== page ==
Surf 8', a new Selway Fisher sail-and-oar mini-cruiser

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Surf 8', a new Selway Fisher sail-and-oar mini-cruiser

Build photos 1&2.

The marine plywood is 3-ply Okoume. The 7 planks are 5.0 mm thick, the 2 transoms 5.6 mm.

Total plywood weight is 22.3 lb.

I like the fore transom shape, it reminds me of a 12th-century cog. . . .  





Regards,
Mike
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Re: Surf 8', a new Selway Fisher sail-and-oar mini-cruiser

HOW TO SAW WOOD FOR LAMINATED MAIN FRAME?

Making a lightweight laminated boat frame has been on my Bucket List for years, the way some people have Macchu Picchu and The Great Wall of China. So I would like to make one for Surf, instead of the plywood frame in the Plans. Partly because this will make the midships more spacious, partly because I want to make a laminated frame, and partly because I am not very good at doing what I am told . . .  

I have studied at length how to make up the curved frame, using Epoxy or Polyurethane glue, so I need no advice there. Also I shall use my old B&D drill attachment circular saw with its rip saw blade, having a thinner kerf than my bigger circular saw, and wasting less spruce.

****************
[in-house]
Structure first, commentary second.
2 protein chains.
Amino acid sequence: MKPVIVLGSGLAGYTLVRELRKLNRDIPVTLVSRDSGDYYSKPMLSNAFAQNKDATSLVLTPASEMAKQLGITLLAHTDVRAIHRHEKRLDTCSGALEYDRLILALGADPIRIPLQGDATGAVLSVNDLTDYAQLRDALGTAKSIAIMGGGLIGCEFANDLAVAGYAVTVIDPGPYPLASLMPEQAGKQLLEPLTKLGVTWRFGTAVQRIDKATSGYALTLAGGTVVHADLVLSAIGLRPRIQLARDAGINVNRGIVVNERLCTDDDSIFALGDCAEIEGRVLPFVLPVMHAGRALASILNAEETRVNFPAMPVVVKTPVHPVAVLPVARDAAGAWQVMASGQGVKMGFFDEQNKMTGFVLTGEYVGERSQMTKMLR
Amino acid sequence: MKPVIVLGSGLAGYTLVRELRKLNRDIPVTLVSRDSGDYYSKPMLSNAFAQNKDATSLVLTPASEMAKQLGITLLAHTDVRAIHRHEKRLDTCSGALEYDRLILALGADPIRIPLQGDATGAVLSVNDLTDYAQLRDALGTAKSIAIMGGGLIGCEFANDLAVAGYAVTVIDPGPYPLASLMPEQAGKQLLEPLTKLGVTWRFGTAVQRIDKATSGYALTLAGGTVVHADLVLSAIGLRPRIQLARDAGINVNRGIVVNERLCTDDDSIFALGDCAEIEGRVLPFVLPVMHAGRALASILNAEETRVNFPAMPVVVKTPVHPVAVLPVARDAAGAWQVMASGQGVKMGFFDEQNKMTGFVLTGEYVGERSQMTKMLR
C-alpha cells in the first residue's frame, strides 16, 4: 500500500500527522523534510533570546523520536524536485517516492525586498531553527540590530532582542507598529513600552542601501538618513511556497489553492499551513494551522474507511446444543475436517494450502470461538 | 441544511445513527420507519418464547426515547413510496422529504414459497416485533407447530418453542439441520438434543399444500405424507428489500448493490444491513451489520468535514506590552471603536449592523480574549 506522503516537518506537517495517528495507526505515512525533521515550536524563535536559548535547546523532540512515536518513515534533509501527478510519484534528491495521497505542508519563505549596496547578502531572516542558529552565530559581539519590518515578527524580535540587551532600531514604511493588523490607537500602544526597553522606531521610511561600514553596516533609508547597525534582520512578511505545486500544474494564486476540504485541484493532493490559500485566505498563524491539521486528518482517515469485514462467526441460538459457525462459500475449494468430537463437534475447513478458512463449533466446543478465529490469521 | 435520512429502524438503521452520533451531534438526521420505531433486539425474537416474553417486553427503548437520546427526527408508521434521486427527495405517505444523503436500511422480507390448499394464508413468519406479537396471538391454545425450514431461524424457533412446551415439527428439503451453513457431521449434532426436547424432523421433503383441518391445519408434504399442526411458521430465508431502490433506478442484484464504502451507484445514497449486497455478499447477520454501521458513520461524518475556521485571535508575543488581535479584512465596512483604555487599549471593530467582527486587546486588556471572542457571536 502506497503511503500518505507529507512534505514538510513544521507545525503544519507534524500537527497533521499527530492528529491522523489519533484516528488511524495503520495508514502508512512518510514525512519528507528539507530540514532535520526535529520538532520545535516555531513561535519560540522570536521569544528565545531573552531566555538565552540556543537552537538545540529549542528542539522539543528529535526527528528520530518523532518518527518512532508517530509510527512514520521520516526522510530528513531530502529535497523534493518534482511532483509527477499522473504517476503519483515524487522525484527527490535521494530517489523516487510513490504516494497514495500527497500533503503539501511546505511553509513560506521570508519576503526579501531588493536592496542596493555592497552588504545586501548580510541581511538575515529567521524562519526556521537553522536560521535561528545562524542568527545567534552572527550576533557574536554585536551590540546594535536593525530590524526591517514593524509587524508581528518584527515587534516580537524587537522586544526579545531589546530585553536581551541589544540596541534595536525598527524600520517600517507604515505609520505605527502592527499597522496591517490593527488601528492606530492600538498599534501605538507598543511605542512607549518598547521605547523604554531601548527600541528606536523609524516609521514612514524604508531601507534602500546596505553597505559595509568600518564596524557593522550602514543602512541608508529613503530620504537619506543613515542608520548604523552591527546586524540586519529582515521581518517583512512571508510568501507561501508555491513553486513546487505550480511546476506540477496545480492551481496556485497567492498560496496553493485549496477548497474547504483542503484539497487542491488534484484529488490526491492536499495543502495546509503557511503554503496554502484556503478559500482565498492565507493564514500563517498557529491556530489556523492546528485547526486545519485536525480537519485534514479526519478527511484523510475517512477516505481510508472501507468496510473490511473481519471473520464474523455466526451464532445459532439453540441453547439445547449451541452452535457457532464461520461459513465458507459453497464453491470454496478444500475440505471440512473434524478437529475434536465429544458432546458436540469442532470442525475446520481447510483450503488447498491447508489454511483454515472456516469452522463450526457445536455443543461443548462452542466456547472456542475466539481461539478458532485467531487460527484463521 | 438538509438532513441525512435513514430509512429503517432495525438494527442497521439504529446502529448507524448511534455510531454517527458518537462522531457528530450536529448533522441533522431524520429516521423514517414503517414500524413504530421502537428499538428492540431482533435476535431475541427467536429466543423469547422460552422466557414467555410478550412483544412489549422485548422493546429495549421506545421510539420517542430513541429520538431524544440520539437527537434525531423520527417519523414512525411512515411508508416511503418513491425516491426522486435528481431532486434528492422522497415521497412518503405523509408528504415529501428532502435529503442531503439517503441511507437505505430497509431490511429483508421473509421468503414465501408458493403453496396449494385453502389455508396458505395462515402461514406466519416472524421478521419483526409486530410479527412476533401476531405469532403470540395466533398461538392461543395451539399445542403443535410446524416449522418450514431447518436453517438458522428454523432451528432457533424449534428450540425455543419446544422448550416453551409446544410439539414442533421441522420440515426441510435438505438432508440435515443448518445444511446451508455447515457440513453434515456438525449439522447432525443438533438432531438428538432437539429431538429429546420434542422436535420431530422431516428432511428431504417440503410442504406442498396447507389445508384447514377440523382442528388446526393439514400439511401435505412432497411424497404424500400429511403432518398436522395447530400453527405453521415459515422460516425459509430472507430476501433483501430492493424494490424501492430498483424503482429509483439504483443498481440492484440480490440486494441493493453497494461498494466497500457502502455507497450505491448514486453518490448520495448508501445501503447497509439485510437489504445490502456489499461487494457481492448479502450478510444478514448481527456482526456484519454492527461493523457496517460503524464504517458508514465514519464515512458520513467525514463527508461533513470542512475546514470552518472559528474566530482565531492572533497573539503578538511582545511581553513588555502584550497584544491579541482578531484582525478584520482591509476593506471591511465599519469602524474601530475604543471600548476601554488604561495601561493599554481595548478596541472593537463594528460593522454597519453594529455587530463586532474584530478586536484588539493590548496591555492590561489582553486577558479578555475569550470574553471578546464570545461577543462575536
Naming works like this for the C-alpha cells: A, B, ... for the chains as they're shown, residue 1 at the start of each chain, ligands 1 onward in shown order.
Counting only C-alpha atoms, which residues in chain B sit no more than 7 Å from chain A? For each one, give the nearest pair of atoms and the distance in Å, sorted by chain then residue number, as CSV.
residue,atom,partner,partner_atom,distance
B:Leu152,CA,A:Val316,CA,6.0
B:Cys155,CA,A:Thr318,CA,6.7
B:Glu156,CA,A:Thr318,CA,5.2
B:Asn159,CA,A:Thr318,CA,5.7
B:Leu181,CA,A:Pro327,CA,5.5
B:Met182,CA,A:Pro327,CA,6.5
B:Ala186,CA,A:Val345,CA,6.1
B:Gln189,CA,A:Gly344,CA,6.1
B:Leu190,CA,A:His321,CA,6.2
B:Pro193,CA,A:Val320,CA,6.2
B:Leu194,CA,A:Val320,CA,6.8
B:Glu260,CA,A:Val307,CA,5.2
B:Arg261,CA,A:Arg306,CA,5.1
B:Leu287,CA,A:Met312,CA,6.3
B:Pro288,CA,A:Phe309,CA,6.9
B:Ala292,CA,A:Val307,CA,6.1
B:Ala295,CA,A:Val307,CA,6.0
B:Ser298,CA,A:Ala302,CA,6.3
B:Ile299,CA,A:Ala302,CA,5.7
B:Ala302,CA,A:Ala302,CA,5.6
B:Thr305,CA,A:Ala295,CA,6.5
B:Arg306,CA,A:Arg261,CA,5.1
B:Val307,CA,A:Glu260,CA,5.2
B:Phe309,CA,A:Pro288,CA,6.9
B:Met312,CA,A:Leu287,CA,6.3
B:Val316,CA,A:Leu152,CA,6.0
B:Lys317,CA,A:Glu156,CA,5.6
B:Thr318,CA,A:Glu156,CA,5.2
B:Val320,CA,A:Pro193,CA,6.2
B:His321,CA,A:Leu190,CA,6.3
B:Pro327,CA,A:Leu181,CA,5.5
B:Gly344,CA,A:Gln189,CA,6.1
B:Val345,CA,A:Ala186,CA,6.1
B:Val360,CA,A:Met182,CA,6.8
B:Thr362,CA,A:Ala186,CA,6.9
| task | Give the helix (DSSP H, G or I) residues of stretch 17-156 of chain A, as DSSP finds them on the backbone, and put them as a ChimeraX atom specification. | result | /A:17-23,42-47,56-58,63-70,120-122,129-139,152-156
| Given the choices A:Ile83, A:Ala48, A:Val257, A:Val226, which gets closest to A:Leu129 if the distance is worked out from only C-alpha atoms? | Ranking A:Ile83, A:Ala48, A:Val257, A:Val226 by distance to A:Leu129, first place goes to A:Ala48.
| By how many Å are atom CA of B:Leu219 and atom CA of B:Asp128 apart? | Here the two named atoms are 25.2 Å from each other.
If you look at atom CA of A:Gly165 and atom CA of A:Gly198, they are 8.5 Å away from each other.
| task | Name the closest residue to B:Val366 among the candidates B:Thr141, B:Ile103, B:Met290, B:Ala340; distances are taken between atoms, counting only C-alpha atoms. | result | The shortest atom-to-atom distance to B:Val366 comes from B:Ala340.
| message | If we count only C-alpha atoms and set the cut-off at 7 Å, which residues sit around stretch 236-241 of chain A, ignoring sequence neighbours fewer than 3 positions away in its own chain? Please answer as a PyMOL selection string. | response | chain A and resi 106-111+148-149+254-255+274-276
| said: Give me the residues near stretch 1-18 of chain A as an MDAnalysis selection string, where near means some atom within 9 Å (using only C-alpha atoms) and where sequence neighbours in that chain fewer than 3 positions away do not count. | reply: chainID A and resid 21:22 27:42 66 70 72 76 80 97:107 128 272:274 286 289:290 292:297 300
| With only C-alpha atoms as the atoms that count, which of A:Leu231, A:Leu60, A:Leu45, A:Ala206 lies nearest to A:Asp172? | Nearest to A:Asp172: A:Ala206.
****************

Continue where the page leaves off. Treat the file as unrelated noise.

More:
My only question is, how best to slice my 1" x 1" spruce lengthwise into 1" x 4 mm slices for laminating into the curve? The growth rings go roughly straight across the spruce, not corner to corner. So do I saw at 90 degrees to the growth rings (= rift sawn), or in line with the growth rings (= plain sawn or slash sawn)?

And do I "alternately turn them round" or "alternately turn them end to end", or both, when I assemble them for laminating?

I guess it is a bit like laminating a longbow - the growth ring direction may make a big difference to how stiff and powerful the longbow is, and how long it retains its stiffness and hence performance.

Regards,
Mike
Paul (admin) Paul (admin)
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Re: Surf 8', a new Selway Fisher sail-and-oar mini-cruiser

Mike,